Dungeness crab is a Christmas tradition for seafood lovers across Southern California. But not this year. A combination of a difficult season and this week’s stormy weather has left the area’s life tanks empty – or even worse, filled with only Maine lobsters (the indignity!).
The first blow from nature was the California Department of Fish and Game delaying the opening of the northern part of the Northern California Dungeness season. The department’s quality tests in the northern fishery found too high a percentage of underweight crabs.
The Dungeness fishery is a model for sustainability – not only are only male crabs allowed to be taken, but they must be of a minimum size and must contain a minimum amount of meat (25% of the body weight is ideal according to the agency).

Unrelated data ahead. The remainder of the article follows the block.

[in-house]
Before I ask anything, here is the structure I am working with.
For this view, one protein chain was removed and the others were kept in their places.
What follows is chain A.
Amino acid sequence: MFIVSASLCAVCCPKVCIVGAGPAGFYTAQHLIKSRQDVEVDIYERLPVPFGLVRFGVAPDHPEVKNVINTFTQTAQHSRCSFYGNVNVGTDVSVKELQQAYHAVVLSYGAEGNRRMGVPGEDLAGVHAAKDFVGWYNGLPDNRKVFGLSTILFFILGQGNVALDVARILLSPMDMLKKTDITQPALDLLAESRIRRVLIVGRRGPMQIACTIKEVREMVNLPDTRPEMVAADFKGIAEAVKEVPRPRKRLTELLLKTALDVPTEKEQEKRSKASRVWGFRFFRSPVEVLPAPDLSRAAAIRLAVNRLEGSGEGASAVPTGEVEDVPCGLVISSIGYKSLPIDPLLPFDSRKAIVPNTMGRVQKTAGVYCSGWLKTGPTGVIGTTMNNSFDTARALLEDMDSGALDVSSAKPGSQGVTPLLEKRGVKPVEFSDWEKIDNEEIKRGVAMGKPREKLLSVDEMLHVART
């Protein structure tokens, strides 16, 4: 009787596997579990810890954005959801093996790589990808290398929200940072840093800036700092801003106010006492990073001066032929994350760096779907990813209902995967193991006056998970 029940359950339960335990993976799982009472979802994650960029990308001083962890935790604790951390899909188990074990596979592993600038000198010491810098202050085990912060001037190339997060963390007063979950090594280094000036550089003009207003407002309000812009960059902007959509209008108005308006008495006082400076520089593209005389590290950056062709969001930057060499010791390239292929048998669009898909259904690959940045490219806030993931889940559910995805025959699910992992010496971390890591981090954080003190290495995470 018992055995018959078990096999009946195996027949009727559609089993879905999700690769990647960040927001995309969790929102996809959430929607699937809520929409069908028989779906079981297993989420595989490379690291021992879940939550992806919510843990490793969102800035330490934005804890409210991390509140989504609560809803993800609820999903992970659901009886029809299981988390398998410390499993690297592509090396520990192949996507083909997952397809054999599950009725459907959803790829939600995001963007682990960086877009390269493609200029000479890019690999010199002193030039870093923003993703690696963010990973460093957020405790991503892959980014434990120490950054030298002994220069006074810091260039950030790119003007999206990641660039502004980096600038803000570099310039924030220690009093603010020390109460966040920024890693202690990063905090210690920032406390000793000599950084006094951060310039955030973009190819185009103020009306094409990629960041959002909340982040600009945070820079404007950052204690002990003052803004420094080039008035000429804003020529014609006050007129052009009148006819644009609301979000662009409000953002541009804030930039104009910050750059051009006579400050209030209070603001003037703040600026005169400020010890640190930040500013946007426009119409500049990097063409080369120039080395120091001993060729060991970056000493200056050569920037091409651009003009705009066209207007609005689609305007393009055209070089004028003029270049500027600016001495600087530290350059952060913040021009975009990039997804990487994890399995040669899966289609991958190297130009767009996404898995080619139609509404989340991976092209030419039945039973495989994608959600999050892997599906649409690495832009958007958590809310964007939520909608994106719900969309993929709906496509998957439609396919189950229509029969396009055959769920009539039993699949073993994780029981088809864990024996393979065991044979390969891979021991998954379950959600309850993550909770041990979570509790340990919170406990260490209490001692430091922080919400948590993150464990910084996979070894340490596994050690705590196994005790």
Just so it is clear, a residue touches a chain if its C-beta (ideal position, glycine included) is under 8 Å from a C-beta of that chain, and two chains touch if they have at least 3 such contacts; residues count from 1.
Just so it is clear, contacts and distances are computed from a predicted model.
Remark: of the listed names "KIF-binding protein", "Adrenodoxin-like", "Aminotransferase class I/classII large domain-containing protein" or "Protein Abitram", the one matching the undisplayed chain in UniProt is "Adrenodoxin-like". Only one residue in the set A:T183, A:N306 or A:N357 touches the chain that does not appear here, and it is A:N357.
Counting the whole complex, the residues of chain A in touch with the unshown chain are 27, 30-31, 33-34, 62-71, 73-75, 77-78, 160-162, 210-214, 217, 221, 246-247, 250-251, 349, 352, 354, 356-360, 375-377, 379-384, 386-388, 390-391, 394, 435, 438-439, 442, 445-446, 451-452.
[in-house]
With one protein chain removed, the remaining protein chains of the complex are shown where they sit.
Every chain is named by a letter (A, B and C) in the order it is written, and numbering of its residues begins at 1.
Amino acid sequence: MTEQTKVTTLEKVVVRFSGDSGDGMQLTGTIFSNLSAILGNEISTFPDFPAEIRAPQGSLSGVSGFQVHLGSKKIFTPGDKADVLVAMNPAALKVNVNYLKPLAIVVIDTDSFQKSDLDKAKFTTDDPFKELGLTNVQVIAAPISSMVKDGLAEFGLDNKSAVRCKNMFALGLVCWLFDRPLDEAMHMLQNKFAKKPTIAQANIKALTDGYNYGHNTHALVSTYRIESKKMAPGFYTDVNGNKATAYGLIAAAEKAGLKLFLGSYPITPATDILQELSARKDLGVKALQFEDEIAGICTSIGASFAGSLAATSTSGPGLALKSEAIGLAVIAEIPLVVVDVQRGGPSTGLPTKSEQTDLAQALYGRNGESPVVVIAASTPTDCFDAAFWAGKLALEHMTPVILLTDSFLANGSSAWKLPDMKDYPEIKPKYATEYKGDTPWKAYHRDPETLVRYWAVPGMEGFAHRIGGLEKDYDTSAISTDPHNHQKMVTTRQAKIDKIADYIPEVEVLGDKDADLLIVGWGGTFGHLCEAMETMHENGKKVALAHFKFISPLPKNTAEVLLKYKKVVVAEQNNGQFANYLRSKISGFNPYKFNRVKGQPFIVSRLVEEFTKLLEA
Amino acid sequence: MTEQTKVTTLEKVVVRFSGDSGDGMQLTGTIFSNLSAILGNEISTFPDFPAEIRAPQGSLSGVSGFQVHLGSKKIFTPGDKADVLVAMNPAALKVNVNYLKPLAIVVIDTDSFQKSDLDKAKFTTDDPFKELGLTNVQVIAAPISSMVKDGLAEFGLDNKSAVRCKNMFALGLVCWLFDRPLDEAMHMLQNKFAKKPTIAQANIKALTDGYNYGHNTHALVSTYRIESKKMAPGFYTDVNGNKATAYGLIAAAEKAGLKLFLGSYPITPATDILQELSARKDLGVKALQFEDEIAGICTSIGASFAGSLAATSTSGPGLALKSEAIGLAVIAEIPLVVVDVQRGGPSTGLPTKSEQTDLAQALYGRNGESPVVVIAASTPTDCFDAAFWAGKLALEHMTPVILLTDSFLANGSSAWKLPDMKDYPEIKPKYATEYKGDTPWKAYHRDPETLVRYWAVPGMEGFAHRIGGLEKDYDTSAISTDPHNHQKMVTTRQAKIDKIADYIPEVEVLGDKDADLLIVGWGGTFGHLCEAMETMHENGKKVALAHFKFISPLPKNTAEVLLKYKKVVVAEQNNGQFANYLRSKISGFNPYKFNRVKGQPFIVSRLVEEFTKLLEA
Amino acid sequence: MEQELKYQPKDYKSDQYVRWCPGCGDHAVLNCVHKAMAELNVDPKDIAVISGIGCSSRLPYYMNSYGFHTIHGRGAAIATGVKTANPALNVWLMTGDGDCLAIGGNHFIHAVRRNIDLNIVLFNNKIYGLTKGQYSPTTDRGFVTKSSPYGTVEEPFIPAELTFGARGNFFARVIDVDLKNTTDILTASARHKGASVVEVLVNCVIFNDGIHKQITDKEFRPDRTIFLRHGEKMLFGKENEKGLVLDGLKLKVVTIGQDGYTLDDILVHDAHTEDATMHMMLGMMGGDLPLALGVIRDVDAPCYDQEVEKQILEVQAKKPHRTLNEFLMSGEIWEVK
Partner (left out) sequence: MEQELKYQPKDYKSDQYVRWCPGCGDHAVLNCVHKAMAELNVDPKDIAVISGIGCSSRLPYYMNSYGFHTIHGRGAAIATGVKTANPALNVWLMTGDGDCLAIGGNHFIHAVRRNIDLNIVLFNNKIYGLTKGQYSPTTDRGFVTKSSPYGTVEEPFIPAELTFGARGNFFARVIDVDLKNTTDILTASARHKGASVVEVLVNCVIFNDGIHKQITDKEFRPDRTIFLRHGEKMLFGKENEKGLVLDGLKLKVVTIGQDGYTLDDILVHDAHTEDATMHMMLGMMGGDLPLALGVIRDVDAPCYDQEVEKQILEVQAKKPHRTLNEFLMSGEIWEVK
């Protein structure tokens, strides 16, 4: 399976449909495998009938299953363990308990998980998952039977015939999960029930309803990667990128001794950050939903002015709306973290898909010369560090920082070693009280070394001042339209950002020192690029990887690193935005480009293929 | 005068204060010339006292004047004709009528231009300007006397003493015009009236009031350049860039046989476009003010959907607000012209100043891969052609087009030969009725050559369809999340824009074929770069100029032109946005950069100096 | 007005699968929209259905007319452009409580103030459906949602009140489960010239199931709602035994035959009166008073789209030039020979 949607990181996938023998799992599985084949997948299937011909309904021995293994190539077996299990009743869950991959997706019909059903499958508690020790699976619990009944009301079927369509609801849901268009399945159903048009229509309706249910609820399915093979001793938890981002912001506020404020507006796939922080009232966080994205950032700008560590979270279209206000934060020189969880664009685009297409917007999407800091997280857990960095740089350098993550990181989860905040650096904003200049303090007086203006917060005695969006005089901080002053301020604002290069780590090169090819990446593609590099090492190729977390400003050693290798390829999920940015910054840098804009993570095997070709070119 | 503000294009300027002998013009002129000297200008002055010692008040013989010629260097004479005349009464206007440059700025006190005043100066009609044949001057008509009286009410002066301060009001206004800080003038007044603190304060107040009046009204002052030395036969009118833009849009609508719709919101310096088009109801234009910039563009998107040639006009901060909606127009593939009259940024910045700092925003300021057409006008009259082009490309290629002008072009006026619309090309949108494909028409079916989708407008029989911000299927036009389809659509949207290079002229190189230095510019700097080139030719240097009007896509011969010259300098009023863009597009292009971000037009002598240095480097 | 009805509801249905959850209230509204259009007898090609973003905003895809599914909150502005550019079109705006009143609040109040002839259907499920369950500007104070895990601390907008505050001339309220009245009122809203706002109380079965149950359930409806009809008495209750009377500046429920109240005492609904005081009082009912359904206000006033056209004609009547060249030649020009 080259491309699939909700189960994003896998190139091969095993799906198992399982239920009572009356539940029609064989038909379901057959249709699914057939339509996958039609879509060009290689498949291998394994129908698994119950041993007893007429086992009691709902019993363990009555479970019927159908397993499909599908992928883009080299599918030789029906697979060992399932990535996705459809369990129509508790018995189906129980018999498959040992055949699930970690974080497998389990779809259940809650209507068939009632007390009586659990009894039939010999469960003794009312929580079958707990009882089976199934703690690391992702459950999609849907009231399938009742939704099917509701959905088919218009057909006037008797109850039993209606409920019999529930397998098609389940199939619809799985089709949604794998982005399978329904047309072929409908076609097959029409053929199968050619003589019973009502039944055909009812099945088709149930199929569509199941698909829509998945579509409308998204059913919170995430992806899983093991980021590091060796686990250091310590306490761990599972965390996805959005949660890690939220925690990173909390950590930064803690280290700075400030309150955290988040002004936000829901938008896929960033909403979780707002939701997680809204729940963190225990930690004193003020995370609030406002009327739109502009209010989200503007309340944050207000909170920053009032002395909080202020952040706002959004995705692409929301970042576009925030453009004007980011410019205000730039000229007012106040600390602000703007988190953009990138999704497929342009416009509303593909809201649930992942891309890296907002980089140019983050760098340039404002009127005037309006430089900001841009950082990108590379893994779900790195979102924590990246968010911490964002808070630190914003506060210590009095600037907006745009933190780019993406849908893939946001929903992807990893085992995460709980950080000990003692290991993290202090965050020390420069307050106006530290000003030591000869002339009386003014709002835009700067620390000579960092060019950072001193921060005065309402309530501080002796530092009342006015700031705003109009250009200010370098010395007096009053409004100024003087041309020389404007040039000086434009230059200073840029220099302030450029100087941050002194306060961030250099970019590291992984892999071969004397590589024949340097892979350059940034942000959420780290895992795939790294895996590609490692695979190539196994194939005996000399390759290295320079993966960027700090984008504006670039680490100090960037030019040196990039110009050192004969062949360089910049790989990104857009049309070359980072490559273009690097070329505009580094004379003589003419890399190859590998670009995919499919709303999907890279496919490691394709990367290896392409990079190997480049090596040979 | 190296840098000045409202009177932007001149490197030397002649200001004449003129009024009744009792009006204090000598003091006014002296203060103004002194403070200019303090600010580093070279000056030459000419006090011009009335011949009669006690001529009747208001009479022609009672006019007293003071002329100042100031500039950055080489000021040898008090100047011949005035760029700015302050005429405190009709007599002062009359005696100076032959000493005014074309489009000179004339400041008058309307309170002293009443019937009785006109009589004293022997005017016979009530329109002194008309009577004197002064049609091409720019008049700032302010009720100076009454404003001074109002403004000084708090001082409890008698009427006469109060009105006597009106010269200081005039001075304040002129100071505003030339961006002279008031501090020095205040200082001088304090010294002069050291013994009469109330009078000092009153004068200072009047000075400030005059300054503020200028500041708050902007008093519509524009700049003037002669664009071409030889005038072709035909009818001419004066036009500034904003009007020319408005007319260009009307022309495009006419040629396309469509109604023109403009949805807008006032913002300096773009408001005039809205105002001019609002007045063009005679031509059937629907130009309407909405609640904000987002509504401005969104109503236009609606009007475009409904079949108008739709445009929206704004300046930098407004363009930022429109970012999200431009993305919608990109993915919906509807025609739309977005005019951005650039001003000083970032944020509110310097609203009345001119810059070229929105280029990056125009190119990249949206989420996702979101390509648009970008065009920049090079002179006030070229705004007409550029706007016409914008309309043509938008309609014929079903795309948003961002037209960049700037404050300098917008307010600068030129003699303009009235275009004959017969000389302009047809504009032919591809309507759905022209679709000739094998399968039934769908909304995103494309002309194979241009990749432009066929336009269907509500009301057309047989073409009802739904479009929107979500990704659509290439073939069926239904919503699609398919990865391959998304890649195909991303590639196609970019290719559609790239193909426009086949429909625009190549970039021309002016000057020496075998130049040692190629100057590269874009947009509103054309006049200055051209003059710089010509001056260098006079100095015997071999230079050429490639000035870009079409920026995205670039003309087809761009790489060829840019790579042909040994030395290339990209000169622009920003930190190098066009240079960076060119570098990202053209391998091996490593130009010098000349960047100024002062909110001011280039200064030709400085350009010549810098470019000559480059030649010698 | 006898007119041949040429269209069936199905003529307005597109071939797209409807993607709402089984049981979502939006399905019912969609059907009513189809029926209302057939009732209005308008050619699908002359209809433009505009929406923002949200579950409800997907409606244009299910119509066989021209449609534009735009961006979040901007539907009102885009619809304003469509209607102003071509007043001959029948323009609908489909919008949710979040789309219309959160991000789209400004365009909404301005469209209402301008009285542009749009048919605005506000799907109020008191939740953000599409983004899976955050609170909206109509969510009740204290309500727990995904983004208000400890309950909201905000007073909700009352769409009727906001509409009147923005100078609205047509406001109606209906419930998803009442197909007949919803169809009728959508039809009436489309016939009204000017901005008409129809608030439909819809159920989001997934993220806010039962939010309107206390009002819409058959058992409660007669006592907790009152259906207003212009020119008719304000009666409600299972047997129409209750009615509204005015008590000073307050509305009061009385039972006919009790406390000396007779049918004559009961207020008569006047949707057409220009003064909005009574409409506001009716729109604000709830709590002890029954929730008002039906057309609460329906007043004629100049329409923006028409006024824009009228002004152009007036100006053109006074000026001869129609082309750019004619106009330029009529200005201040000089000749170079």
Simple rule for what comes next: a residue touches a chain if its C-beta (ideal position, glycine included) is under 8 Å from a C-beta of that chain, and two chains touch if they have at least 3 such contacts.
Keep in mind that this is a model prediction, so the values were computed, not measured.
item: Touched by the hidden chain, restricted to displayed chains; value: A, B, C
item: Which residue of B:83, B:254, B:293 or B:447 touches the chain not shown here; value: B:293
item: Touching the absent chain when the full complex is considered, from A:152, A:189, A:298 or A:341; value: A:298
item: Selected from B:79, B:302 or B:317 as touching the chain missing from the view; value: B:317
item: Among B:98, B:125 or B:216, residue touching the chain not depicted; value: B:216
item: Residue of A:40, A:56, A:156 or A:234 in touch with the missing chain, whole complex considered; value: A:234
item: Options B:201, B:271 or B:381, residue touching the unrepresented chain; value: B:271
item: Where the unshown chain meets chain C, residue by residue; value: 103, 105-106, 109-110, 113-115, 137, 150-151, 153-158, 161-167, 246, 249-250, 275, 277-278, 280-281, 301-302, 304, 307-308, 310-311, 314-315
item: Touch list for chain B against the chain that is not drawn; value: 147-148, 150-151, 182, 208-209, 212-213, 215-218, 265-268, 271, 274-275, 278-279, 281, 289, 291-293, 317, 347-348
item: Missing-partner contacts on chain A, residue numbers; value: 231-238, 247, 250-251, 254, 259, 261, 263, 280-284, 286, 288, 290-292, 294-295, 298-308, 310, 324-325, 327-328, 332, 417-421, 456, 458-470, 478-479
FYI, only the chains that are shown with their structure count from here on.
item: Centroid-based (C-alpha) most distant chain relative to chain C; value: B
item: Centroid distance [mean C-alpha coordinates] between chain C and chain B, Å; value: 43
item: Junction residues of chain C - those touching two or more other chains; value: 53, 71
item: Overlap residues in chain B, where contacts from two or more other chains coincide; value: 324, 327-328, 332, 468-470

Because of the lightweight crabs, the start of the season from Sonoma County north, which usually opens around Dec. 1, has been pushed back for a third time and won’t begin until Jan. 15.
That means that all of the California Dungeness crab catch must come from the southern part of the range, roughly San Francisco Bay to San Luis Obispo, where warmer waters tend to produce fewer crabs.
To make matters even worse, that area has been buffeted by a series of fierce winter storms over the last week, which have prevented crab boats from leaving the harbor.
As a result, Dungeness crabs were difficult if not impossible to find for Christmas. A spot check of five stores turned up only one crab – and it was already cooked and previously frozen.
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Photo: Dungeness crab Credit: Bob Chamberlin/Los Angeles Times